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Ukrainian leader to protesters: Surrender and you won't be prosecuted

By Laura Smith-Spark and Kellie Morgan, CNN
updated 1:35 PM EDT, Thu April 10, 2014
STORY HIGHLIGHTS
  • NEW: Putin writes to European leaders warning that Russia could cut off gas to Ukraine
  • Ukraine's leader says protesters won't be prosecuted if they disarm, leave seized buildings
  • NATO chief says Russian troops near Ukraine's border are "not training, but ready for combat"
  • NATO releases satellite images purportedly showing Russian military hardware

Kiev (CNN) -- Pro-Russian protesters who disarm and leave occupied buildings will not be prosecuted, Ukraine's acting President Oleksandr Turchynov said Thursday.

"In the case when people put down their weapons and free administrative buildings, we don't need to approve laws about amnesty. We guarantee there will be no criminal prosecutions of people who put down their weapons and leave the buildings. And I am prepared to formalize it with a presidential decree," Turchynov told parliament.

He added that "the main problem is that the people who are holding the buildings in Donetsk and Luhansk are being used by the enemies of Ukraine."

The announcement came a day after Ukrainian acting Interior Minister Arsen Avakov said the separatist protests in Ukraine's eastern region would be resolved within 48 hours -- either through negotiations or the use of force.

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The protests, which began Sunday, have been centered in three eastern cities: Donetsk, Luhansk and Kharkiv.

The United States has accused Russia of fomenting the separatist unrest as a pretext for military intervention.

Speaking Thursday in the Czech Republic, NATO Secretary General Anders Fogh Rasmussen also pointed the finger at Moscow for "stirring up ethnic tensions in eastern Ukraine and provoking unrest."

And he cast doubt on Russia's assertion that the troops it has along Ukraine's eastern border are simply there for military exercises.

"As I speak, some 40,000 Russian troops are massed along Ukraine's borders," he said. "Not training, but ready for combat. We have seen the satellite images, day after day."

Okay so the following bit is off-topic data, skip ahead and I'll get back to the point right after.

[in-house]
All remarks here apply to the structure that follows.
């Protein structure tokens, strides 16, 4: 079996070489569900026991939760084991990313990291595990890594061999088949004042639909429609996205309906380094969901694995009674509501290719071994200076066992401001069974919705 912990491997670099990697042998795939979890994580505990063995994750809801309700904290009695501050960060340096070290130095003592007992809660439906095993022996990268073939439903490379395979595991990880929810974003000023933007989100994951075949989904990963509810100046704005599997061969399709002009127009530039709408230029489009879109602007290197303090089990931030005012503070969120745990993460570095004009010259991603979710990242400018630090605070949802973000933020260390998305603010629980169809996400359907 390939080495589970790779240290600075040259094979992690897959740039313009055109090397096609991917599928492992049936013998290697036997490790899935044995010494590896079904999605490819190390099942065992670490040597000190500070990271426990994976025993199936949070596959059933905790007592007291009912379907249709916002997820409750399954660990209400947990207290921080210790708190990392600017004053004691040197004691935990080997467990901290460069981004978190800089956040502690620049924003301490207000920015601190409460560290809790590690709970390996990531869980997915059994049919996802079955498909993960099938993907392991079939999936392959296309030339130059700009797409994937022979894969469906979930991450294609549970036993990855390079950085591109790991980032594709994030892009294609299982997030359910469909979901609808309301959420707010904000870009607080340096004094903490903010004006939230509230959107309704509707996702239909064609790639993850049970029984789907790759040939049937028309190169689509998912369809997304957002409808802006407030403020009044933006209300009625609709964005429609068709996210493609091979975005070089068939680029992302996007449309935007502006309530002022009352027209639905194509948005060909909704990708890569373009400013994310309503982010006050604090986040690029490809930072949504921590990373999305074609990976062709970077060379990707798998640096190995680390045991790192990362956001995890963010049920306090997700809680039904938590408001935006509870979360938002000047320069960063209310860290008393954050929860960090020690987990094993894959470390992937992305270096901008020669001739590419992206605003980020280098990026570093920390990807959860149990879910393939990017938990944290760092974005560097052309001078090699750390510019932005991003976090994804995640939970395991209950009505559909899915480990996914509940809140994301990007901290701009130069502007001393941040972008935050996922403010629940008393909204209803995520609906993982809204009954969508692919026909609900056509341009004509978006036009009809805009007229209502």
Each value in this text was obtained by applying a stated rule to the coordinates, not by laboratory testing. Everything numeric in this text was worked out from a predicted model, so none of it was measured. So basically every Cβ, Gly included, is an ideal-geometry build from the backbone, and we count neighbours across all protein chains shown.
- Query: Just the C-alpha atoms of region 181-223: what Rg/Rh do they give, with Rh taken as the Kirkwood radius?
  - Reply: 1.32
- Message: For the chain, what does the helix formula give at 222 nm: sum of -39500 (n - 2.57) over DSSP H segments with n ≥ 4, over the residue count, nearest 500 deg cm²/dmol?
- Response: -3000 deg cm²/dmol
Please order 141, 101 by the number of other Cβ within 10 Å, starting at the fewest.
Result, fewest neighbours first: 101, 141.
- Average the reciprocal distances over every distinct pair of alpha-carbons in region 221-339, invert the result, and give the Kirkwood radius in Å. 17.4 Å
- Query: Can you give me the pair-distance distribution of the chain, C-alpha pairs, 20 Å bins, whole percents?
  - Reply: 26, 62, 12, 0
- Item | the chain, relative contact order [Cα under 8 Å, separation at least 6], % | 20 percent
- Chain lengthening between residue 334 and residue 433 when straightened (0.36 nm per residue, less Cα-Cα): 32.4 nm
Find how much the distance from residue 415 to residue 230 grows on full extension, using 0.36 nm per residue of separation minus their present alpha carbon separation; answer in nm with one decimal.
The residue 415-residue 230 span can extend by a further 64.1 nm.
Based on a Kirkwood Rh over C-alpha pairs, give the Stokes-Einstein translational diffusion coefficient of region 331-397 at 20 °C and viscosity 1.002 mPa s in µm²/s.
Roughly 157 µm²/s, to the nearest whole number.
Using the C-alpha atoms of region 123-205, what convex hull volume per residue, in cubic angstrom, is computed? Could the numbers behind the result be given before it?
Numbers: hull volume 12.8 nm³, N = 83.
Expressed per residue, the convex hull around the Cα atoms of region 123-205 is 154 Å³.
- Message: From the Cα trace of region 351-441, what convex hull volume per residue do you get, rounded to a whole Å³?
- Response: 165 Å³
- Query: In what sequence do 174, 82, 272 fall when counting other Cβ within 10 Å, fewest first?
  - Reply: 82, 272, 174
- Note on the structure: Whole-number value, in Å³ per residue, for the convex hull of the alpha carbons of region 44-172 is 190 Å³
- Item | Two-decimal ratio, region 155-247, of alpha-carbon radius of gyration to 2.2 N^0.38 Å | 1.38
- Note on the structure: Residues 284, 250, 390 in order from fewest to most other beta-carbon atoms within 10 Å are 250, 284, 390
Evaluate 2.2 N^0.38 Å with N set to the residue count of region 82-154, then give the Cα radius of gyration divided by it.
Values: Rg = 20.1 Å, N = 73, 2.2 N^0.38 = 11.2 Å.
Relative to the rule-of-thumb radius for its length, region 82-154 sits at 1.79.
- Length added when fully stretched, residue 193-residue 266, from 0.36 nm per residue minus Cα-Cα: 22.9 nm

The United States also estimates there are up to 40,000 Russian troops near the border, based on classified and commercial satellite imagery.

Military hardware

A series of satellite images released Thursday by NATO appear to show large amounts of Russian military hardware, including armored vehicles, helicopters and surveillance aircraft, massed at different places near the Ukrainian border.

This is accompanied by the full range of "combat support" capabilities, such as medical facilities, fuel, food, spare parts, logistics and maintenance, NATO sources told CNN.

The U.S. ambassador in Kiev, Geoffrey Pyatt, also posted photos via Twitter on Wednesday to illustrate the U.S. estimates of Russia's troop buildup.

The images depict what is said to be a field outside the southern Russian city of Rostov-on-Don -- empty in October, but filled with troops and armored vehicles on April 2.

A U.S. official with direct knowledge of the matter told CNN those photos "are consistent" with classified imagery.

Washington is sharing some information with the Ukrainians, but not highly classified intelligence, the official said. Ukraine was aligned with Moscow until a month ago, and it is believed that Ukraine's security services are still penetrated by the Russians, the official said.

'Nothing but propaganda'

Russia's Foreign Ministry said Wednesday that Ukraine and the United States have "no reason for concern" about the presence of Russian forces, which it says are on military exercises.

"Russia has repeatedly stated that it does not conduct unusual or unplanned activities which are militarily significant on its territory near the border with Ukraine," the ministry said in a prepared statement.

But Rasmussen had stern words for Russia's leaders, accusing them of spreading misinformation to justify their behavior.